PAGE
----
As you can see, wordpress has been steadily increasing its market share by ~ 1-4% (in overall market share figures) for the past 8 years. And it shows no signs of slowing down. And of the world's websites that were created with an identifiable CMS, Wordpress accounted for a whopping 65.3% of them. Its closest competitor, Shopify, is still a distant second, driving only 4.4% of sites sampled.
In the last five years, WordPress has gone from being used by 32.7% of the 10 million most visited websites in the world, to being used by 43%, surpassing the growth of all its competitors. The chart below shows how WordPress's market share has grown over time compared to other platforms. This graph shows how open source competitors Joomla and Drupal are losing market share relative to WordPress. In fact, WordPress is the only open source system with a significant market share to keep growing.
Shopify, Wix and Squarespace are also growing, however, they run on proprietary platforms. Looking at Ahrefs for a comparison, we can see that, surprisingly, people searched for Wix 6.8 million times versus WordPress, which was searched 5.8 million times. However, you should keep in mind that Wix is a publicly traded company and that a fair share of the stake in Wix could come from shareholders. This can give us an idea of the interest in these two companies and perhaps a little information about their comparative sizes.
We've also done a qualitative comparison of Wix and WordPress, in case you're interested. The introduction of WooCommerce (which was acquired by Automattic in 2017) has helped WordPress stay competitive and relevant in the area of e-commerce. Very competitive, in fact, since WooCommerce's market share is also impressive. It's unrealistic to expect any CMS to make a profit every month, even if it has grown steadily in the past.
WordPress remains by far the market leader, but many see the further decline in market share as a symptom of a deeper problem. No one can definitively say why WordPress is losing market share, but the community has some prevailing theories. W3Techs is the main source of CMS usage statistics. WordPress offers more options than any other CMS platform, which is only part of what makes it the most popular.
In fact, recent data also shows that Shopify has reached its peak market share and has even started to decline as businesses flee the platform. And on the other side of the problem, are all these affiliate marketers exaggerating the benefits and confusing users even more?. The WordPress CMS should contact and cooperate with web developers to create good products that can solve and replace many plugins and other tools. WordPress was the original blogging platform, so you'd think that its user base is personal blogs and small-scale websites.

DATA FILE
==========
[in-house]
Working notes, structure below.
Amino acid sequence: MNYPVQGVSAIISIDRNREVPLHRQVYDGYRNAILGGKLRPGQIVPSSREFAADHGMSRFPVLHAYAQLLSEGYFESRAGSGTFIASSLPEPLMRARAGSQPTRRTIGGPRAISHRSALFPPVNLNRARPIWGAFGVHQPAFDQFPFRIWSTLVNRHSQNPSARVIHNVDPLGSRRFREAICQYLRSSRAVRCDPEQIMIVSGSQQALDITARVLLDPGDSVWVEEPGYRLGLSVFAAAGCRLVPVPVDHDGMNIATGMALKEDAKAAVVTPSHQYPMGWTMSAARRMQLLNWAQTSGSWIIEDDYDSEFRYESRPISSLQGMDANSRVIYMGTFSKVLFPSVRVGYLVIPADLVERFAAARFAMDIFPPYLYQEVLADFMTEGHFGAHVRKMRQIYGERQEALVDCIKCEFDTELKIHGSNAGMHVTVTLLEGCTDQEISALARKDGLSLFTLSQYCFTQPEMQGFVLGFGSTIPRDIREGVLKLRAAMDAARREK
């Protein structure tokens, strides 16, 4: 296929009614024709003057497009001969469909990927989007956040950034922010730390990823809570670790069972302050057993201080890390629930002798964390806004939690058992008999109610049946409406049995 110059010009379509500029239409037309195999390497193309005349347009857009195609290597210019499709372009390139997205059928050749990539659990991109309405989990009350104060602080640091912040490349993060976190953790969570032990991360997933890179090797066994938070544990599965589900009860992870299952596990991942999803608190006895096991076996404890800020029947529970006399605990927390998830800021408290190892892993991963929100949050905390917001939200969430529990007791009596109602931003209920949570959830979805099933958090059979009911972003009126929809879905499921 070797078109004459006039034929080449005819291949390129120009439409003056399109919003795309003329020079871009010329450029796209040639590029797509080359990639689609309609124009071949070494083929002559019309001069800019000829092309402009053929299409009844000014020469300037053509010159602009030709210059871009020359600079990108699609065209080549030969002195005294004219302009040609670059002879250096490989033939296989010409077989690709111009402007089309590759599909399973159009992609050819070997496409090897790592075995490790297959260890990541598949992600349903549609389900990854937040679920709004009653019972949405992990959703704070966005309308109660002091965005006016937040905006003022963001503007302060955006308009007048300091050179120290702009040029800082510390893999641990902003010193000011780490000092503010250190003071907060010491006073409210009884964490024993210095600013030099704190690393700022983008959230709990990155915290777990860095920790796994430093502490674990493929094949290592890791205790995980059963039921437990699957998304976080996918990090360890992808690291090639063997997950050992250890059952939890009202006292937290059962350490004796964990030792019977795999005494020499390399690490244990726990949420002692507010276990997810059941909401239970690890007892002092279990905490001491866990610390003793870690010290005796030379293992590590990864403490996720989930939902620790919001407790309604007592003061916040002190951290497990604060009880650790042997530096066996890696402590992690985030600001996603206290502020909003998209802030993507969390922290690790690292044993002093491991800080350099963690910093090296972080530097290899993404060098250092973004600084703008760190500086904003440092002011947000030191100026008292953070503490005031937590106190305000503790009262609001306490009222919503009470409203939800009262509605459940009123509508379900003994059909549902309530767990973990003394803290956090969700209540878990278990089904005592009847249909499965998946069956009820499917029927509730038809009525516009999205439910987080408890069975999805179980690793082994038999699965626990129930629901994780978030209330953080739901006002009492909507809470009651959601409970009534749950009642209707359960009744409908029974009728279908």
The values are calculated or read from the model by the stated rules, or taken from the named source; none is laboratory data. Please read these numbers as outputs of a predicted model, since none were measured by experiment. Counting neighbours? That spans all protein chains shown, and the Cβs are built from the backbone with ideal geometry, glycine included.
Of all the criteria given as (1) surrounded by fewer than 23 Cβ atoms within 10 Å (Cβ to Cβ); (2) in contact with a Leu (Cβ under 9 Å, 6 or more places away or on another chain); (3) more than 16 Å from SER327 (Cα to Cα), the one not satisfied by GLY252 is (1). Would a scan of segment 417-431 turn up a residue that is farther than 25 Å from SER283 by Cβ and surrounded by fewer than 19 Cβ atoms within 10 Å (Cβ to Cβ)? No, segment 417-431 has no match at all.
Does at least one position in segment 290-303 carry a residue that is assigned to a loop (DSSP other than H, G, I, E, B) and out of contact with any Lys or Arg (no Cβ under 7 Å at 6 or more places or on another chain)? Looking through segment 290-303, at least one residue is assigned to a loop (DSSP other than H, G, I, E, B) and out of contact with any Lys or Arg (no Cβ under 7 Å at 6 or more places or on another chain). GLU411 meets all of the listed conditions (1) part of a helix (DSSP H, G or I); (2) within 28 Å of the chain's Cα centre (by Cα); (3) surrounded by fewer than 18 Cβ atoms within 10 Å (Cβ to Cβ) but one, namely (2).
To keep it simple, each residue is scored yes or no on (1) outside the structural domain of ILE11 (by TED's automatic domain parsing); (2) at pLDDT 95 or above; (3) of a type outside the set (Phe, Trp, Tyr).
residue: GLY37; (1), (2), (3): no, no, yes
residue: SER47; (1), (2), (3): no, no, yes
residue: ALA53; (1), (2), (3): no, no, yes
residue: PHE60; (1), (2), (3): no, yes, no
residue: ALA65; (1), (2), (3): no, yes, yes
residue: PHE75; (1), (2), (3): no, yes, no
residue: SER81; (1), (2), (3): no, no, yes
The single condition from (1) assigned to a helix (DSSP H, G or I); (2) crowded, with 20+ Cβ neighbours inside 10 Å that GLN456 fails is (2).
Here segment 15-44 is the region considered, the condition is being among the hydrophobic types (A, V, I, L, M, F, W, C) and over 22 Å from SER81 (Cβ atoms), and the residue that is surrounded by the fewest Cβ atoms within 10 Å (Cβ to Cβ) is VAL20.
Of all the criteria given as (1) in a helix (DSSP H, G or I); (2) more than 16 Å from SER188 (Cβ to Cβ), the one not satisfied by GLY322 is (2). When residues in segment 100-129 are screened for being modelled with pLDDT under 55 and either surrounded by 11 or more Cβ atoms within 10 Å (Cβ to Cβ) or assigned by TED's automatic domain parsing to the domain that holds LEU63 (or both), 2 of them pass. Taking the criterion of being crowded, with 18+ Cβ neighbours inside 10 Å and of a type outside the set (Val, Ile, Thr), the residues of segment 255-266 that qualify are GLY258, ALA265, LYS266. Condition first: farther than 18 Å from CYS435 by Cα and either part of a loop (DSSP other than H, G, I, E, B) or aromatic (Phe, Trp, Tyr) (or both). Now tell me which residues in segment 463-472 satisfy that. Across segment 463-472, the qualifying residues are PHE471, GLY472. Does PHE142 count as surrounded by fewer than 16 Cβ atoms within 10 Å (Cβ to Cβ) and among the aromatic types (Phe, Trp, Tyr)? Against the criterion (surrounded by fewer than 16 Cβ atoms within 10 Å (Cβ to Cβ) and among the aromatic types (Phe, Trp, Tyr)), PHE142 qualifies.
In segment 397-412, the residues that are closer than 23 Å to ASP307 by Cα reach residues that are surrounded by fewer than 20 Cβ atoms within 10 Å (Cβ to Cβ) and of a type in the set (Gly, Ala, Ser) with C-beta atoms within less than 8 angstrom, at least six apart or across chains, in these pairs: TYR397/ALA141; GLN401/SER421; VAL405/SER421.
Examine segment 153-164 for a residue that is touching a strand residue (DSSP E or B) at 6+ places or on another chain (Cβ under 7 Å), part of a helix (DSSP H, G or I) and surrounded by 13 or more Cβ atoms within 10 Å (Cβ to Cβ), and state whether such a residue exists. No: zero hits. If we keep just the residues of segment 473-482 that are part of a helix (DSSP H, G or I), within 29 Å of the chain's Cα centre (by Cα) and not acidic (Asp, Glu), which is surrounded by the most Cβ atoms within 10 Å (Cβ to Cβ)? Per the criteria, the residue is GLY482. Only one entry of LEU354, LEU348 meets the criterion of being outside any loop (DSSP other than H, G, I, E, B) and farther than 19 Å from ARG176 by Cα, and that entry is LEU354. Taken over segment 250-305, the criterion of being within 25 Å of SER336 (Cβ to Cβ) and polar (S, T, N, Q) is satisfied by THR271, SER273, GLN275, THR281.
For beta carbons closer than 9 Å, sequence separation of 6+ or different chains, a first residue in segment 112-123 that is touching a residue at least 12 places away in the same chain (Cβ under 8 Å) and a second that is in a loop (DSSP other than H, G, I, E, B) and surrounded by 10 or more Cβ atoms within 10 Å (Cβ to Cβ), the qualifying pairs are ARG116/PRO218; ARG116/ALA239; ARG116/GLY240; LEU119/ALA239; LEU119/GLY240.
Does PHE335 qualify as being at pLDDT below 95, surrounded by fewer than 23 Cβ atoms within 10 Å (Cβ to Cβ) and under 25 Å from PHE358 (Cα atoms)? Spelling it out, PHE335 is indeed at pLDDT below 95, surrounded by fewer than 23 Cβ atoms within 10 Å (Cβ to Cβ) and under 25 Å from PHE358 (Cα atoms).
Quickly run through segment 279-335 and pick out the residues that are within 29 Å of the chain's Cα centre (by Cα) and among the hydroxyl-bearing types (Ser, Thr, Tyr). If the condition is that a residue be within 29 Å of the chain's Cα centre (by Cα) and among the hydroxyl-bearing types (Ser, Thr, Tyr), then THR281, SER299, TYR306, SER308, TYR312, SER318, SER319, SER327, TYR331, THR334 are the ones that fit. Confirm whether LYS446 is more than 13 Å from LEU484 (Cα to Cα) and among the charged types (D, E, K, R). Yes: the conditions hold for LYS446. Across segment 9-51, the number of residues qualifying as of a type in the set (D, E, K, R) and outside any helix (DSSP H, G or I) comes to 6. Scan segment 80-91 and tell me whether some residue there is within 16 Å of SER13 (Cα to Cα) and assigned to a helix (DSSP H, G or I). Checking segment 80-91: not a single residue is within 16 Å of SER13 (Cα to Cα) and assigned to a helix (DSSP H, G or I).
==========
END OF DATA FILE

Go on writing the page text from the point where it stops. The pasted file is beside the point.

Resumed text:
Because it is unable to detect the CMS for 36.4% of websites, information about WordPress's market share depends on how you look at it. Today, WordPress has overcome the limitations of those rudimentary blogging platforms and has played a huge role in changing the image of the web. The big problem with WordPress is that you have to install a lot of plugins, try a lot of themes until you can create a complete basic site that can meet the minimum user experience needs. It seems that your marketing is arousing curiosity for business owners, but the product can't keep them as long-term customers.
WordPress administration should stop living in echo chambers and contact real-life users and developers. And it's a distraction from the real work on the APIs that WordPress needs to keep improving like cms and crm. WordPress's shrinking market share throws a birdie for everyone to tweet their frustrations with the WordPress project. WordPress hosts around the world should work harder for their clients' sites to perform better as well.
While it's always good to stay in the competition, it's safe to say that WordPress is still the most popular content management system on the Internet. WordPress was created by an American developer, Matt Mullenweg, and an English developer, Mike Little, which meant that it was initially available in English. . .